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Representative Democracy
read in Macedonian


Representative democracy is a system whereby the people of a country are represented in the government of the country through their representatives.  The Founding Document of today’s Republic of Macedonia, the Constitution, states this: “The citizens of the Republic of Macedonia exercise their authority through democratically elected Representatives.”  Those democratically elected Representatives are chosen through the ballot box, at a state level, every four years, as again, provided for by the Constitution.  The opening line of Article 63 states “The Representatives for the Assembly are elected for a term of four years.”

The competition through the ballot box is affected through political parties offering their candidates for such office and through the campaigns they conduct.  Almost 18 months ago, in June of 2011, a parliamentary election was agreed to by the ruling party at the request of the opposition, despite the fact that parliamentary elections had been held only three years prior to that in June of 2008 and prior to that, only two years before in June of 2006 when the current ruling party was elected to form a government.  In the next two elections, the people spoke and returned the government to power, thus stating that the majority of the citizens believed the ruling party had better ideas and plans for moving Macedonia forward.

In the most recent parliamentary elections, in June 2011, the opposition won almost 370,000 votes.  In other words, 370,000 citizens believed that the opposition had a plan for Macedonia and elected them to be the loyal opposition.  In fact the opposition has put forward some useful ideas: during the recent debate on the budget, over 40 amendments proposed by the opposition were agreed to by the Government, the point being that the opposition cannot say their voice is not heard.

Today, however, Macedonia is in a situation where the opposition itself is deliberately silencing its own voice in parliament by refusing to represent the people who elected them.  They have abandoned parliament, called for early parliamentary elections, demanded changes in the current governing ministries and are now engaging in the petty blockades of traffic here and there, which merely raises the temperatures of those trying to get to work by car or public transport, and does nothing to win support for the opposition.  To say nothing of what blocking traffic does from a safety aspect for first responders such as ambulances and the fire department.

The international community has aligned with the Government stating that the opposition should get back into parliament.  The heads of the US and EU in Macedonia released a statement in mid-January stating “Parliament is the primary forum for addressing and resolving issues and debate in a parliamentary democracy. We therefore encourage the opposition to return to Parliament to represent the large number of citizens who cast ballots in support of opposition parties in the most recent parliamentary elections. Every democracy needs a strong and active opposition.”  A strong and active opposition means one that is actively participating in government.  It does not mean actively blocking traffic on the streets. And a strong and active opposition means one that has Macedonia’s best interests in mind.  But an opposition sitting out of parliament, blocking traffic and calling for new elections every 18 months sends a very negative signal to many, including those in the international business community thinking of investing in Macedonia; and this is not in Macedonia’s best interests.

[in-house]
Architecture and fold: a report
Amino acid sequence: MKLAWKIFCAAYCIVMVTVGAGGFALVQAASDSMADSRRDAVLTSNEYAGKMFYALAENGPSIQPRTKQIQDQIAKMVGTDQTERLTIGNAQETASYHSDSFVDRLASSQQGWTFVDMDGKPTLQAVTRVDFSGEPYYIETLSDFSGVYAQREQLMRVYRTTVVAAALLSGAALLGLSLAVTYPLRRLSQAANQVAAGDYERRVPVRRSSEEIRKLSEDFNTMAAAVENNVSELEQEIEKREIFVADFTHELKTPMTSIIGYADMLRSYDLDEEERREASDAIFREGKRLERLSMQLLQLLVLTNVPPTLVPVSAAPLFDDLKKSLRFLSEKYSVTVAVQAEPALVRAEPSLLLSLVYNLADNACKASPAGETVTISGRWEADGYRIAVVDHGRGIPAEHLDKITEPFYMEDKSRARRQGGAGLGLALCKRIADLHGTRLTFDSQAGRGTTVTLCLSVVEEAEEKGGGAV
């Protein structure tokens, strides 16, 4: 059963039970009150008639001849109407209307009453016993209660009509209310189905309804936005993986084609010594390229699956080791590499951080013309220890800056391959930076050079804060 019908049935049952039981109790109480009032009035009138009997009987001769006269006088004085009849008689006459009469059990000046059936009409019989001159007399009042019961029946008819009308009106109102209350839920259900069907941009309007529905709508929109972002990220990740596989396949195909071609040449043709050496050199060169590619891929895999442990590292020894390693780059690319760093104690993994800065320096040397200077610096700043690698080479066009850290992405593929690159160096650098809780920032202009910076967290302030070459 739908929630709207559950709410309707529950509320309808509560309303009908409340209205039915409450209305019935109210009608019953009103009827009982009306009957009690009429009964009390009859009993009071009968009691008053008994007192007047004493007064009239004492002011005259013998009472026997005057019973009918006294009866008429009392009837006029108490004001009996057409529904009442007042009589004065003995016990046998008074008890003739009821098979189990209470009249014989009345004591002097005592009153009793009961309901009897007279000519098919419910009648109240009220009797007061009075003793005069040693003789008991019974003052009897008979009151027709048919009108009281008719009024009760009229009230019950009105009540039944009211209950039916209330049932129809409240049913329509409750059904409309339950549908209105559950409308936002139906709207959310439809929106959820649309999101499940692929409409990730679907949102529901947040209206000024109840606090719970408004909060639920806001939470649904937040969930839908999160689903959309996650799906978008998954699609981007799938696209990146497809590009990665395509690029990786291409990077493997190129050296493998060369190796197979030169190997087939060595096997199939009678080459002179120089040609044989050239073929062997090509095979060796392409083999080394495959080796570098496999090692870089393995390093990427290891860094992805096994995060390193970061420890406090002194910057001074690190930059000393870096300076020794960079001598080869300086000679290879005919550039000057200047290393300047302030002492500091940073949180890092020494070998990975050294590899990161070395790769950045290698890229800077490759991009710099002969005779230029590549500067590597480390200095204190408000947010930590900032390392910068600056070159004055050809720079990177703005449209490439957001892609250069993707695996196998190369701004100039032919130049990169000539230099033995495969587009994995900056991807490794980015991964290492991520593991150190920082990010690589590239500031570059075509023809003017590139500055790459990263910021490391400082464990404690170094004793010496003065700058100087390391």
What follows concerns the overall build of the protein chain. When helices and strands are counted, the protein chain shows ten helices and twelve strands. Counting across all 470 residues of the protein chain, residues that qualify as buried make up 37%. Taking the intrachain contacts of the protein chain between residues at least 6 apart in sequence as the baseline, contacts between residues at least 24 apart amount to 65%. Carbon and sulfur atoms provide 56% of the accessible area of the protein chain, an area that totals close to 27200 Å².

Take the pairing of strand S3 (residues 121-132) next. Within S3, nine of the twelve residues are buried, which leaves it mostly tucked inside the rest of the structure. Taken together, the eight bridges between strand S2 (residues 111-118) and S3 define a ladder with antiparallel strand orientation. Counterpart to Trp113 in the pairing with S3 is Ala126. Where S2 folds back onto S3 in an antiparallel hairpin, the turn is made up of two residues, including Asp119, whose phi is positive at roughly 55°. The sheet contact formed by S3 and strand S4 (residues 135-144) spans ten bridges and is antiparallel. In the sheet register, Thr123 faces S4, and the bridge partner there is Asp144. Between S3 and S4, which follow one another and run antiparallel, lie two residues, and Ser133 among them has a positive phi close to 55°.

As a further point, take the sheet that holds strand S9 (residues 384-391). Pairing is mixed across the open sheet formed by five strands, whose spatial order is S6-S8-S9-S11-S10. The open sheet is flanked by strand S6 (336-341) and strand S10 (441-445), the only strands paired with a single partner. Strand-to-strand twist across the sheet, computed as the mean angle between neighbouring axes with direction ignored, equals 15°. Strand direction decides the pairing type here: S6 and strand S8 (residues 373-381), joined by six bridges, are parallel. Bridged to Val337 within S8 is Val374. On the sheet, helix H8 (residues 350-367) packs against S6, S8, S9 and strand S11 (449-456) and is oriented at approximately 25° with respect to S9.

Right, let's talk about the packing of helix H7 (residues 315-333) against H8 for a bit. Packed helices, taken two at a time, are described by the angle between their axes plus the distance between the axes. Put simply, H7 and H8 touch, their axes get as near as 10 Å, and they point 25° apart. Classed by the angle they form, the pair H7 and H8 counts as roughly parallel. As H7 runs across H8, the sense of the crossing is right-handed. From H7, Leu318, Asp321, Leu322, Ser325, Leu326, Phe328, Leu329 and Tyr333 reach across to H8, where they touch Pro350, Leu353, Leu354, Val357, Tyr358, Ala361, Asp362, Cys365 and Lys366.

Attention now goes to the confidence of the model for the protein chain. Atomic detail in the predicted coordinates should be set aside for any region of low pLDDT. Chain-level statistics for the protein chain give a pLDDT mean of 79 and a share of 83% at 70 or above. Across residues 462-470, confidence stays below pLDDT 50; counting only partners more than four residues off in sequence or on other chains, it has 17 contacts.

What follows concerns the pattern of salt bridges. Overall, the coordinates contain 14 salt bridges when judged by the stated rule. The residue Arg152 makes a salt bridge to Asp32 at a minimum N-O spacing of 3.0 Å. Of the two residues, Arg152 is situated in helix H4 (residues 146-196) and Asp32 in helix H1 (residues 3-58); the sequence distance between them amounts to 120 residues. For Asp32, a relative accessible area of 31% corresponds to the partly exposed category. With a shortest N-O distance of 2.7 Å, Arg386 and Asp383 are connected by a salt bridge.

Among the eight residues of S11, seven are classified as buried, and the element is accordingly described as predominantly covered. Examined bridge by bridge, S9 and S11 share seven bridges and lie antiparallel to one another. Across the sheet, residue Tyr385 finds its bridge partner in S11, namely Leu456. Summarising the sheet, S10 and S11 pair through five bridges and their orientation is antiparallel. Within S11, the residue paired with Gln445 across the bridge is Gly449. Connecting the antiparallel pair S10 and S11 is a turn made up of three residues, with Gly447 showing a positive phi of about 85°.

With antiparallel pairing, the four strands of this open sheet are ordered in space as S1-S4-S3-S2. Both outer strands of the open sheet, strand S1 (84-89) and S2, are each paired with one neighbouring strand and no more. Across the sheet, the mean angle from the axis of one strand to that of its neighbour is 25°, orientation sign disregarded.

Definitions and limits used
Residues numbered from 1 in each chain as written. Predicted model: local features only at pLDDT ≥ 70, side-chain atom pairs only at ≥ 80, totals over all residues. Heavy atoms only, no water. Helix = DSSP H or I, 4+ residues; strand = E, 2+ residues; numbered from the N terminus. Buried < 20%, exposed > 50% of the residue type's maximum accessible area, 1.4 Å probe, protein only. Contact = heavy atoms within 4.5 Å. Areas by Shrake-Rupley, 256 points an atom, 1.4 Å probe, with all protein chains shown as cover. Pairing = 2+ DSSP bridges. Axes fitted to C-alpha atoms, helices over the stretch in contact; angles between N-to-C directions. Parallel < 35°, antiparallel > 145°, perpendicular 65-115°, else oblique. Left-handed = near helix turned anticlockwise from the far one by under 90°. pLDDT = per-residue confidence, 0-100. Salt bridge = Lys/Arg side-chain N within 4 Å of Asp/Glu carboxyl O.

Campaigns and elections are exhausting.  In the United States, we seem to be in perpetual campaign mode, with members of the House of Representatives (the lower house of Congress) being elected every two years and, literally, keeping their campaigns open all the time (the actual campaigning, in terms of billboards, mail, TV advertisements, etc. is regulated by law at the state level, but members are always raising money and campaigning in some form or another).  We have just gone through a presidential election that lasted, in many ways, at least two years.  And Americans are tired of it.  We want our elected representatives to govern, and to govern responsibly.  Macedonians want no less; Macedonians elected their representatives to represent them in parliament, not to walk out.  And not to call for new elections every 18 months.

The upcoming local elections are no different and oftentimes, it is the local elections that matter most.  Your local mayors and city councils are made up of people you know, people you went to school with, people you worship with, and people you enjoy meals with.  Local government is closest to the people that cast their ballots and can often be quicker when responding to the legitimate needs of the citizens.

The citizenry deserve and demand to be represented through elected representatives.  The message to the opposition is a simple one: Put a plan forth for taking the country forward.  Let your ideas for moving Macedonia onward and upward and for creating jobs, educating children, and building local communities be made known to the people in a straightforward campaign.  And let the people decide who has the best ideas for Macedonia.

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Jason Miko
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